Not only that; many contractors have connections to multiple window glass manufacturers and thus can act as window glass brokers (pun unintended, but gleefully allowed). This can dramatically simplify the shopping-around process, as well as reducing the time spent on that stage of your project.
Rocky Mountain Roofing & Exteriors, for example, sources the majority of their windows from two manufacturers. Since both manufacturers are perfectly versatile and capable outfits, this arrangement affords the dual benefit of ensuring quality through healthy competition without overwhelming anybody with too many options.
More Reasons to Hire a Contractor
Another benefit of using a contractor for a job like window glass replacement is that you find yourself with two separate companies working to ensure your satisfaction as a customer. That is, two separate warranties from two separate companies that already know how to communicate with each other to remedy any problem that may arise.
Did you know that 95% of window warranty issues arise because the windows were installed incorrectly? At Rocky Mountain Roofing & Exteriors, we also handle siding, painting, and full-on construction—so window glass replacement is always performed by a well-rounded expert with product knowledge and special sensitivity to wall conditions, climate, and all other factors that influence the success of a job like this.
But things happen; a good professional knows better than to merely promise competence. So we back up our expertise with our own 3-year warranty on labor. So in the incredibly rare event that a problem arises from our labor, we will be right back out there to take care of it.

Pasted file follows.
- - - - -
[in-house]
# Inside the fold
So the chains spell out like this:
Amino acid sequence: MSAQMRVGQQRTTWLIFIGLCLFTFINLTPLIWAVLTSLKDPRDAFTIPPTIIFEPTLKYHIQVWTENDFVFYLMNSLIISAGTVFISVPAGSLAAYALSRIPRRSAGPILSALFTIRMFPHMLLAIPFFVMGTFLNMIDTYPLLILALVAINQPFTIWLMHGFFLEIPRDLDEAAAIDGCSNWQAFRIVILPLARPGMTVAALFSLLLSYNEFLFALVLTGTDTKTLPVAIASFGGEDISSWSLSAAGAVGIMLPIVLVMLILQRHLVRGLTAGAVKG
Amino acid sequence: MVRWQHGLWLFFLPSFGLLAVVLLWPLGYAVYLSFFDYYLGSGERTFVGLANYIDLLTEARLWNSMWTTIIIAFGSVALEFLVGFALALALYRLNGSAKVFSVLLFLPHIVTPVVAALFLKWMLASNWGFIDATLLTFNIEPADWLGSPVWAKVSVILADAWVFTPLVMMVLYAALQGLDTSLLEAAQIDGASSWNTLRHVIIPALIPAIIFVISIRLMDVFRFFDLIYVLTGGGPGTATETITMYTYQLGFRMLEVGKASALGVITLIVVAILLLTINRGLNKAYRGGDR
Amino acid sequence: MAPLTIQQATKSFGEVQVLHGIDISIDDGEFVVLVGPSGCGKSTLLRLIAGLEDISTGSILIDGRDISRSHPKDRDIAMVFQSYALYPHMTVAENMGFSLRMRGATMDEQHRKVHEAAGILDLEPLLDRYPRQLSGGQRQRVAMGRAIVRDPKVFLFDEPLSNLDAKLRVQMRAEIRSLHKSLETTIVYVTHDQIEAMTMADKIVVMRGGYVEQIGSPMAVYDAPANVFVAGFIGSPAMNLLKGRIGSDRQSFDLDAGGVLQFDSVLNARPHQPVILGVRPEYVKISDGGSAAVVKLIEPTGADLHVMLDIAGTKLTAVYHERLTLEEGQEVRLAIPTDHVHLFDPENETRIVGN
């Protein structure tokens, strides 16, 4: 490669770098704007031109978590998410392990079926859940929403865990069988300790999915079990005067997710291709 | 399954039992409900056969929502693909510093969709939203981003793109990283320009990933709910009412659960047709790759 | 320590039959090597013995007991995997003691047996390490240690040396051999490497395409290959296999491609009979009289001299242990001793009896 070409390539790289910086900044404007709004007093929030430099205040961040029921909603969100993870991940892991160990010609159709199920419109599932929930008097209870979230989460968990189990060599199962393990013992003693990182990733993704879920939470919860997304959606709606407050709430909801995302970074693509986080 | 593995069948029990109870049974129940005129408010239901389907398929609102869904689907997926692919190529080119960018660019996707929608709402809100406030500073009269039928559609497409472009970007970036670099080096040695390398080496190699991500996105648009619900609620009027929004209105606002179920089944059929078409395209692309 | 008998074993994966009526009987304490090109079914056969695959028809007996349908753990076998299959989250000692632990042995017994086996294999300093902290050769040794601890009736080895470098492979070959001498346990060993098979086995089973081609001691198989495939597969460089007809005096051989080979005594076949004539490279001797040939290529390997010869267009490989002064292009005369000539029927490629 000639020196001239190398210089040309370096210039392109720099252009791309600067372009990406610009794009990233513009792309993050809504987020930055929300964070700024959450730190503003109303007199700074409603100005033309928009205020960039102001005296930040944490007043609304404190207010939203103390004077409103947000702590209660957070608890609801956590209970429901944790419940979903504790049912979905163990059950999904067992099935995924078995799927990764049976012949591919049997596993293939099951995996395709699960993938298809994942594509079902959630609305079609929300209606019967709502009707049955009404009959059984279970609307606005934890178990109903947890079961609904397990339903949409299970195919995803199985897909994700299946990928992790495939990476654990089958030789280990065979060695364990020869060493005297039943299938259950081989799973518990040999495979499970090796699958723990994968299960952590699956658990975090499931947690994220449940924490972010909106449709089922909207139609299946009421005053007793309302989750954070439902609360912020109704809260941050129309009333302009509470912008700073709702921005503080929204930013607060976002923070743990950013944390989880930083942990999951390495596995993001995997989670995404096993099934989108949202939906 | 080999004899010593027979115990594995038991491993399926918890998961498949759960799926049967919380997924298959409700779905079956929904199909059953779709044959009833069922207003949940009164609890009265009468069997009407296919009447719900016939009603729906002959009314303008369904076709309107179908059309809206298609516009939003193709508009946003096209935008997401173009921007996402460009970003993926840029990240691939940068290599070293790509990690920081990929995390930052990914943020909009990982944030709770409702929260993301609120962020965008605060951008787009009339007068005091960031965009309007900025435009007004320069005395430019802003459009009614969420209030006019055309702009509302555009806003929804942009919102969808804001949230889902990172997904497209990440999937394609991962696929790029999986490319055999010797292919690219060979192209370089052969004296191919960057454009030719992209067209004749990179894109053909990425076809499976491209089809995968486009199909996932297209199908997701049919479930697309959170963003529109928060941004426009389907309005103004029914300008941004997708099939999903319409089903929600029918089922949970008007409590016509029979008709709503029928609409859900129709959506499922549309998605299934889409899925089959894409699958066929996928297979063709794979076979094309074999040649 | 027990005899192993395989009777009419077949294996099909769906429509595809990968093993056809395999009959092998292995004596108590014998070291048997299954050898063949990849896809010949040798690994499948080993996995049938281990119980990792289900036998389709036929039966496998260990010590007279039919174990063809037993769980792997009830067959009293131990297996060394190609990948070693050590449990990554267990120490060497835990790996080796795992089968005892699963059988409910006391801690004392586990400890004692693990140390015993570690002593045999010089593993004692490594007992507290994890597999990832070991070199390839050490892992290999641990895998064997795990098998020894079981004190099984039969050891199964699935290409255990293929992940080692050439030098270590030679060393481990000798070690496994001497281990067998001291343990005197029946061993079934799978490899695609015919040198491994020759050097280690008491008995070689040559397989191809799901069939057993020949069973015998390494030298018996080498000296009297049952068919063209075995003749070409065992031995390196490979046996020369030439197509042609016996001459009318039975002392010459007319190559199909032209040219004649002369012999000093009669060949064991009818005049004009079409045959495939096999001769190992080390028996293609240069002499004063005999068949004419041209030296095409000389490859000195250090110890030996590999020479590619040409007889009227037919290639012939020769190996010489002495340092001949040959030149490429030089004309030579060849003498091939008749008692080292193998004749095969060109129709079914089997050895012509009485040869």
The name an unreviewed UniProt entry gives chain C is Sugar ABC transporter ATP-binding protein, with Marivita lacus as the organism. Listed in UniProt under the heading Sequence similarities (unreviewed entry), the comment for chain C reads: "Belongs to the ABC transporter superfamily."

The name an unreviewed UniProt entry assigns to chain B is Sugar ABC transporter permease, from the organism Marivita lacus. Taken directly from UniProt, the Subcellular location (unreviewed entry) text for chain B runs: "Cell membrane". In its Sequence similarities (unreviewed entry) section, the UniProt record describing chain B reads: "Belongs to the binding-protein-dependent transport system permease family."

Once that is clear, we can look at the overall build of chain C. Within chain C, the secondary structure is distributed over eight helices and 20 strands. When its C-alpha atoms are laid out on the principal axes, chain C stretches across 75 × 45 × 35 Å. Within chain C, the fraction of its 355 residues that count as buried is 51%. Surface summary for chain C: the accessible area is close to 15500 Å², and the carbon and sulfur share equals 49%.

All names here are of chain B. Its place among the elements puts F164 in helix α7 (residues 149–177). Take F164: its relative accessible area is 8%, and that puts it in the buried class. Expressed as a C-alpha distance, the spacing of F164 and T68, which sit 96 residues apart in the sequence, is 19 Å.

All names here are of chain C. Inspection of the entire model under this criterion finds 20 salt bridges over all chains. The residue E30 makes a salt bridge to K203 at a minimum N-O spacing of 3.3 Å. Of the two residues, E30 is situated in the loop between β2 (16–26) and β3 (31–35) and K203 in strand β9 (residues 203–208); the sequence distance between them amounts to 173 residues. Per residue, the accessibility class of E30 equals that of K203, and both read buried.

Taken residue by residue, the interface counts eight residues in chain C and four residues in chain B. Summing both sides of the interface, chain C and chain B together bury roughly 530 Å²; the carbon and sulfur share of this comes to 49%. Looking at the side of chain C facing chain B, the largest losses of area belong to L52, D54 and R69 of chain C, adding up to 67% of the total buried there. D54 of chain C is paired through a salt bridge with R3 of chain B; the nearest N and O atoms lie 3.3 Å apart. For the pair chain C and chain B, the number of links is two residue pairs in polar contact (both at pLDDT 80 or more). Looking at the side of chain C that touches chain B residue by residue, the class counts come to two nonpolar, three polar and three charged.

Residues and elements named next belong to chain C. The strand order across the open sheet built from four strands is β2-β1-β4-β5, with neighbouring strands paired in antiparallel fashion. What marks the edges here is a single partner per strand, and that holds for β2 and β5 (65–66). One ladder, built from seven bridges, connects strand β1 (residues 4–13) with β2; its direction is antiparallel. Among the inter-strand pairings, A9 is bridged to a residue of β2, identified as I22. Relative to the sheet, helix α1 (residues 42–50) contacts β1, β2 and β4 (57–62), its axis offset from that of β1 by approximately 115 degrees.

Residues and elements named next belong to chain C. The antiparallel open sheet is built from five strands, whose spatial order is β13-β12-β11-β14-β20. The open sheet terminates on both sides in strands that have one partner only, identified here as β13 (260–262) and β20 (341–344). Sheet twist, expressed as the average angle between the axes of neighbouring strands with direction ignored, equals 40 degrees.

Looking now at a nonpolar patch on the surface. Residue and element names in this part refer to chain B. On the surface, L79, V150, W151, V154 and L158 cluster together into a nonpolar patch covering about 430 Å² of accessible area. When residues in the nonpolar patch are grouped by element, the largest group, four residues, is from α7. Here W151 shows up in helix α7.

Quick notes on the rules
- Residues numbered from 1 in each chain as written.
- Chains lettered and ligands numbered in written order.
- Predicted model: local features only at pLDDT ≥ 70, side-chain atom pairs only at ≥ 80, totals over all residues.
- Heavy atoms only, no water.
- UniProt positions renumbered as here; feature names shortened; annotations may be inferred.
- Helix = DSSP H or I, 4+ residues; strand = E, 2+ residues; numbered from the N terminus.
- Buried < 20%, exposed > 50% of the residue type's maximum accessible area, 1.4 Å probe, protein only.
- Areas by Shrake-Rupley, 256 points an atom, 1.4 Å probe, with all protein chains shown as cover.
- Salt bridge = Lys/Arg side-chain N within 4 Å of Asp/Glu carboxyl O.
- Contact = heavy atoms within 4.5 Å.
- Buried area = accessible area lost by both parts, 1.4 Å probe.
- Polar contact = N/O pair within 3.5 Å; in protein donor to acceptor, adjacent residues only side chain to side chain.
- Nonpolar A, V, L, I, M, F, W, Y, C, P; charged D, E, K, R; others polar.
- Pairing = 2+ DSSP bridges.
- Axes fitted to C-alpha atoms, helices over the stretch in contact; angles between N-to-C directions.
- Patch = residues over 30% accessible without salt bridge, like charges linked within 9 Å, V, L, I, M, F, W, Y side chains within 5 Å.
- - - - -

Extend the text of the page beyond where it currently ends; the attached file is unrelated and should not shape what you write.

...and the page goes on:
Boil it Down: What You Need to Know about Window Glass Replacement
Window glass replacement is more expensive and time-consuming than it used to be, but that’s because modern windows are incredibly energy-efficient compared to those of yesteryear. Simply put, an energy-efficient window doesn’t occur naturally; it takes resources to create.
Manufacturers are proud of their energy-efficient (not to mention durable) windows and, most often, rightfully so. If you approach a window glass company and ask if what they do is perfect for you, they’ll say yes. That’s the first reason it’s so very helpful to hire a good contractor to be your go-between and advocate when dealing with window glass replacement.
It also puts more people—and their respective warranties—in your corner. If the materials are right but were installed wrong, the contractor’s warranty will almost always cover it. If something is wrong with the materials, the contractor can approach the manufacturer with a warranty claim so you don’t have to.
Window glass replacement isn’t a process most homeowners love. But if you find yourself needing it done well and soon, a reputable contractor should usually be your first stop. Click here to request a free estimate.